So all three of the major estimates of the UK’s potential GDP show it growing at about 2.5% from 1985 to 2012, and at about the same rate from 2000 to 2007. All three estimate the UK’s real GDP to be about 4% above potential GDP in 2007.

    In short, all of the major estimates of the UK’s potential GDP suggest that general government spending grew at over twice the rate (5.5%) of potential GDP from 2000 to 2007, and all three of the major estimates of the output gap suggest that by 2007 the UK’ general government spending had reached a level (45% of potential GDP) only previously experienced from 1973 to 1985.

  67. Gravatar of Mark A. Sadowski Mark A. Sadowski
    10. October 2013 at 17:50

    “AMECO’s estimates are also based on a production function approach, but I consider them less reliable than the AMECO estimates, hence that is why whenever possible I use OECD estimates.”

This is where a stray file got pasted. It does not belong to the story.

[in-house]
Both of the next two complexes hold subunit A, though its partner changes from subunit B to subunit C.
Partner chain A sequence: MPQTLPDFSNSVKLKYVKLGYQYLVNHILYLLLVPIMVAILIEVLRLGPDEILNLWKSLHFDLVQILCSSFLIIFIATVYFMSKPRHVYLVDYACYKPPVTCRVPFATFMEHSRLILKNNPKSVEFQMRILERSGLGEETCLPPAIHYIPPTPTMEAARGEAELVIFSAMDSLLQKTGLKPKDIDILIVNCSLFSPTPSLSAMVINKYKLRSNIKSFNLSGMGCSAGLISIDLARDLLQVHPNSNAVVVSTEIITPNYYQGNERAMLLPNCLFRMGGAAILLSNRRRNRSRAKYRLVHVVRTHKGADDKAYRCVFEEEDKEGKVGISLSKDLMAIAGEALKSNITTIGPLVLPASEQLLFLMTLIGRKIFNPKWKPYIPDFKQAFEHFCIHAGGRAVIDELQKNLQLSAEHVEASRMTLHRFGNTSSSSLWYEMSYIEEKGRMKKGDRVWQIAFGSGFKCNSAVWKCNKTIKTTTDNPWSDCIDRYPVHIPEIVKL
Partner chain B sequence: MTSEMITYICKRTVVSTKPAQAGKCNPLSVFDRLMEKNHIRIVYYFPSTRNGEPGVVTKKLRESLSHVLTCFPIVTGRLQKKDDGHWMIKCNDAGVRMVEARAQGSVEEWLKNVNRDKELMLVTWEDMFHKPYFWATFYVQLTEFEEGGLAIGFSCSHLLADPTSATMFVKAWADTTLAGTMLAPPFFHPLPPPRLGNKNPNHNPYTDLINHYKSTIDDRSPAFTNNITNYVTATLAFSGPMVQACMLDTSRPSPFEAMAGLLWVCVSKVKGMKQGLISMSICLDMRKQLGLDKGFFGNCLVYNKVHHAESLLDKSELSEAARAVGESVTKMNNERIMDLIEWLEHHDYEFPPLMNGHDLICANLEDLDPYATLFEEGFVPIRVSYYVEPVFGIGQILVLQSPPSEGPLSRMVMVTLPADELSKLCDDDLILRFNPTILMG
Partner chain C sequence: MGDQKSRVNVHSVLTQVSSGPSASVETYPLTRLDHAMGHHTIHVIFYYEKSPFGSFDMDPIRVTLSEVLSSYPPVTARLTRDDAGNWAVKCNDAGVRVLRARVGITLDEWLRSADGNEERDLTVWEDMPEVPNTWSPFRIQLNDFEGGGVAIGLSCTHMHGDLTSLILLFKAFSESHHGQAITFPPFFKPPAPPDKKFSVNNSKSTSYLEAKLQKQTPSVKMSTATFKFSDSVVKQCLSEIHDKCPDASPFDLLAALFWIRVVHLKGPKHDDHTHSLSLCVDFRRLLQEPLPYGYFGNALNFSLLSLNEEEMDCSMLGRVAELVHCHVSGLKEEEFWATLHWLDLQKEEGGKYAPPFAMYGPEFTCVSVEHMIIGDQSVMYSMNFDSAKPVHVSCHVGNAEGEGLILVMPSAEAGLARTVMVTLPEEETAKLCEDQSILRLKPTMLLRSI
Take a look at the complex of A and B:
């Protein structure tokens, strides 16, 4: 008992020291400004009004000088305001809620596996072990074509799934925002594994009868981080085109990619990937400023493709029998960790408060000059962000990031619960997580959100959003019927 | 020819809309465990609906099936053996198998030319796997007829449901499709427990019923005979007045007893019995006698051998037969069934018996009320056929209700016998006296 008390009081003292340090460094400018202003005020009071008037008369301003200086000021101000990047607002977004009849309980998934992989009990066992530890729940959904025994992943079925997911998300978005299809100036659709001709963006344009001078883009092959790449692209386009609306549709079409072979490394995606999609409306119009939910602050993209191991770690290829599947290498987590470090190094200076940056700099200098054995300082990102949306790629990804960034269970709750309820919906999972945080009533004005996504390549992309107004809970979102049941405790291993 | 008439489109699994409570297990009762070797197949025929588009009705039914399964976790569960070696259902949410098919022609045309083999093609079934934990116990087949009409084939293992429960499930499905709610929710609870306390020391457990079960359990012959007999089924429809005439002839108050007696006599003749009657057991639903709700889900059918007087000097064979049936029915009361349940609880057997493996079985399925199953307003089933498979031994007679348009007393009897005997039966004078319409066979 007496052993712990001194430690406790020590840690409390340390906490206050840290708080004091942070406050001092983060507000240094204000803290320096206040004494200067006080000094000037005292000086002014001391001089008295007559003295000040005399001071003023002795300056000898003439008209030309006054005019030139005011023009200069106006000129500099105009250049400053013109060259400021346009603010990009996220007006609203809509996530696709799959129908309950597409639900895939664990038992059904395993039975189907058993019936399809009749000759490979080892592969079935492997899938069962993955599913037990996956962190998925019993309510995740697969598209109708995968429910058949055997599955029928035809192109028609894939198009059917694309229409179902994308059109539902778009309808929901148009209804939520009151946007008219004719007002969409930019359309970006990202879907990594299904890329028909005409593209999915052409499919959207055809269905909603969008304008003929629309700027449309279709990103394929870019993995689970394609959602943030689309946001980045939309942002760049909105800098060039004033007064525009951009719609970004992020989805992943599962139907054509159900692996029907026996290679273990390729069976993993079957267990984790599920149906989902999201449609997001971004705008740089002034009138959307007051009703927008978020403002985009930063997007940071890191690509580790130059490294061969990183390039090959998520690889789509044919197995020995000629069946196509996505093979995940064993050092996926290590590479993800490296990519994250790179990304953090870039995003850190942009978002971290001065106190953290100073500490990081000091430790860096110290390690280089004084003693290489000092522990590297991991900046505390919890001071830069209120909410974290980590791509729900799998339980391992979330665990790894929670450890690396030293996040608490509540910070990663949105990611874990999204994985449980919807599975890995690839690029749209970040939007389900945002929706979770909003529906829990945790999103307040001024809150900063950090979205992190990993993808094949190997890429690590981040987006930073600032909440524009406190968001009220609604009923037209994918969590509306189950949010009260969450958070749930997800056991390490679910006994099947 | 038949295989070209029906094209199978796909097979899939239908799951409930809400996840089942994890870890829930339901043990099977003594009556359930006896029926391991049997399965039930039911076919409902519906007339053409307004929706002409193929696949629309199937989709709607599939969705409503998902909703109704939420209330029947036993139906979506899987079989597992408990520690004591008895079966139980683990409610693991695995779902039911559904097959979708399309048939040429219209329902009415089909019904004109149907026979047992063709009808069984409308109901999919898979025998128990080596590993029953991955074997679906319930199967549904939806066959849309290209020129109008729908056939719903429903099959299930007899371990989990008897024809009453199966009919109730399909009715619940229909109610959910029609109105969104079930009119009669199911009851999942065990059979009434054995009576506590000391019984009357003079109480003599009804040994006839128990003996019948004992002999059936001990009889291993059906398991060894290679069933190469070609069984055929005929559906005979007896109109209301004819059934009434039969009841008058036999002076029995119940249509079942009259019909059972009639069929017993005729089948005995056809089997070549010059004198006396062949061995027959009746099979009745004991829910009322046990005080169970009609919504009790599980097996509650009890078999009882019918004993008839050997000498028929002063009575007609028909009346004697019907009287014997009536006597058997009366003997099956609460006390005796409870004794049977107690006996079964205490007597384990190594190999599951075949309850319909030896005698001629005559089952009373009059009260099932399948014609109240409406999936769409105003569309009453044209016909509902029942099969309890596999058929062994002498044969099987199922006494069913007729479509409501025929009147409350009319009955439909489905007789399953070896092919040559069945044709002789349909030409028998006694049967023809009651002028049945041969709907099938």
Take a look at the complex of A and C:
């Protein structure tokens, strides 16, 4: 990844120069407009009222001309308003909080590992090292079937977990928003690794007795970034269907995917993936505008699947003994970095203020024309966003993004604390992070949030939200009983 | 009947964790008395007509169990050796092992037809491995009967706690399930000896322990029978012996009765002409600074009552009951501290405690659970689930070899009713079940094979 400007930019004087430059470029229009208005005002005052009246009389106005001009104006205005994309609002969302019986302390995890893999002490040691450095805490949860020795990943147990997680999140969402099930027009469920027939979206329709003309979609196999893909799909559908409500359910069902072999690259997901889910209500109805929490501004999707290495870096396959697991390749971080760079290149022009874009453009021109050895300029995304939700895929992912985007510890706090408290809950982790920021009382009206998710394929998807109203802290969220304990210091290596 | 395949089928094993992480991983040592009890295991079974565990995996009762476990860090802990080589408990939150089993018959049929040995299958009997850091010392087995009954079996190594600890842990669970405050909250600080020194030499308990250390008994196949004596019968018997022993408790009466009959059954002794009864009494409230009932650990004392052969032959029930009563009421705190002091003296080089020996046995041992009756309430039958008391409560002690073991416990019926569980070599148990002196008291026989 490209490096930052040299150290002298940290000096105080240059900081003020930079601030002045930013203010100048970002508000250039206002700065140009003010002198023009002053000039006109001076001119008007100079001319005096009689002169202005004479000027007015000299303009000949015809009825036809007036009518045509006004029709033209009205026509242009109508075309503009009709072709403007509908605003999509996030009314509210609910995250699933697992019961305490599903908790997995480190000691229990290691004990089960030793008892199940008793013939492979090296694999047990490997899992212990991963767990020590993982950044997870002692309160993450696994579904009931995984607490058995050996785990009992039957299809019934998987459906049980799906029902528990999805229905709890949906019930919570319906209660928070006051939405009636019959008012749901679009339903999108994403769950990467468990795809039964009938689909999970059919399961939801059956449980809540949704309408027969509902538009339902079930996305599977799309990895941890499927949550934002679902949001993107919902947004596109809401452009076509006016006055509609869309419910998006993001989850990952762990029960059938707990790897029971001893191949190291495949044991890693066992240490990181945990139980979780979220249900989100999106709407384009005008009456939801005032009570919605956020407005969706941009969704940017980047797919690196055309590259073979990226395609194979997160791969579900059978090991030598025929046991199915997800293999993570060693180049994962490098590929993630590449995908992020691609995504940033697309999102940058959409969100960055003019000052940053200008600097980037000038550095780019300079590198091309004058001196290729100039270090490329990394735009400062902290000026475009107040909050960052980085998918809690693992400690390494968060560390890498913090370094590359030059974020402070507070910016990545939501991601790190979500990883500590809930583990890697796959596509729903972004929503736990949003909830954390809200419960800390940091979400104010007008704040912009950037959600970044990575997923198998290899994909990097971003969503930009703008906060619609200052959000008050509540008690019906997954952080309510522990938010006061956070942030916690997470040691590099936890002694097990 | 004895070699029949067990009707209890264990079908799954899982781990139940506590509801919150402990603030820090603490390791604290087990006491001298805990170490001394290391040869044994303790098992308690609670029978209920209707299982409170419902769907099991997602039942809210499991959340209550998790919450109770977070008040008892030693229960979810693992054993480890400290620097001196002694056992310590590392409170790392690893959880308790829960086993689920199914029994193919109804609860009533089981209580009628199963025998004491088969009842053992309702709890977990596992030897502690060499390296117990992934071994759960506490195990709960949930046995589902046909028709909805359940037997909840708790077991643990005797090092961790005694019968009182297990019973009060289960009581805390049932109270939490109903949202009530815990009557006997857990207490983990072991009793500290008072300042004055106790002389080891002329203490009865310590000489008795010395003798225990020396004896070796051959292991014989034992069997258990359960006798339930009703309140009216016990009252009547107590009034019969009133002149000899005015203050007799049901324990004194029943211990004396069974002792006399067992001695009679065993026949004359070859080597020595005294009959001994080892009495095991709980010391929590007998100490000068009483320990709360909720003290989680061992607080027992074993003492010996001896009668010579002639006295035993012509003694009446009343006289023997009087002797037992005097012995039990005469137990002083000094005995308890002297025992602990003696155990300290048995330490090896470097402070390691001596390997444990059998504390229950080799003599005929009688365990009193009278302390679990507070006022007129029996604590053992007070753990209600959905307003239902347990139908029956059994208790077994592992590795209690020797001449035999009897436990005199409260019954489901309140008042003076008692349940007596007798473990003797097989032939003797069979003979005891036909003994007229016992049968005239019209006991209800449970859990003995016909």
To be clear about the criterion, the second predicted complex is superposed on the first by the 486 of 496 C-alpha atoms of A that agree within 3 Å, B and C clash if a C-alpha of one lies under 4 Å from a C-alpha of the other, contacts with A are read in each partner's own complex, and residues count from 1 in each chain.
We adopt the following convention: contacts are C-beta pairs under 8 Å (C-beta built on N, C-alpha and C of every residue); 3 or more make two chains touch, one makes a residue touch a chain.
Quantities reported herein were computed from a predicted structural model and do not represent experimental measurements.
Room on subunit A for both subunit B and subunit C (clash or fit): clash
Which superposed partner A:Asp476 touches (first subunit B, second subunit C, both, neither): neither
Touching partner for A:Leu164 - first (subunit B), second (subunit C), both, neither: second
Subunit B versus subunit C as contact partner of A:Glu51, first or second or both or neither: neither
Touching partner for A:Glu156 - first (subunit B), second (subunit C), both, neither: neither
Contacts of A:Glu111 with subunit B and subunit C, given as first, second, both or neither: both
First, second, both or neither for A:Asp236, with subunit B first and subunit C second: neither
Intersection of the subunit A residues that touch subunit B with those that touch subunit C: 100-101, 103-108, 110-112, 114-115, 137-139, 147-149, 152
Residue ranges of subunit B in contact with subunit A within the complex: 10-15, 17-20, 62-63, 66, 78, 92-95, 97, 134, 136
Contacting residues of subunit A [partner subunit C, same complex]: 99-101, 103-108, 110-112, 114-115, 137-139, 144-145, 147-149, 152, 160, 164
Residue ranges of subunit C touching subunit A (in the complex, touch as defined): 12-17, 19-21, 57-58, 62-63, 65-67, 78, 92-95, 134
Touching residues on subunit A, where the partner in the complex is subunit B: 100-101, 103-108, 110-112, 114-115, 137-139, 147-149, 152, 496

should read

    “AMECO’s estimates are also based on a production function approach, but I consider them less reliable than the OECD estimates, hence that is why whenever possible I use OECD estimates.”

  68. Gravatar of Simon Reynolds Simon Reynolds
    11. October 2013 at 01:46

    Mark,

    Thank you for your thoughtful reply.

    I understand that you prefer the OECD measures of output gap. I’m still not sure why they are more reliable — you don’t say. Again I’m not sure why the OBR or independent economists (and the data they derive) should be less reliable than those working for international organisations like OECD. I’m very sceptical of arguments based on the output gap — I like to see error bars on data before accepting it.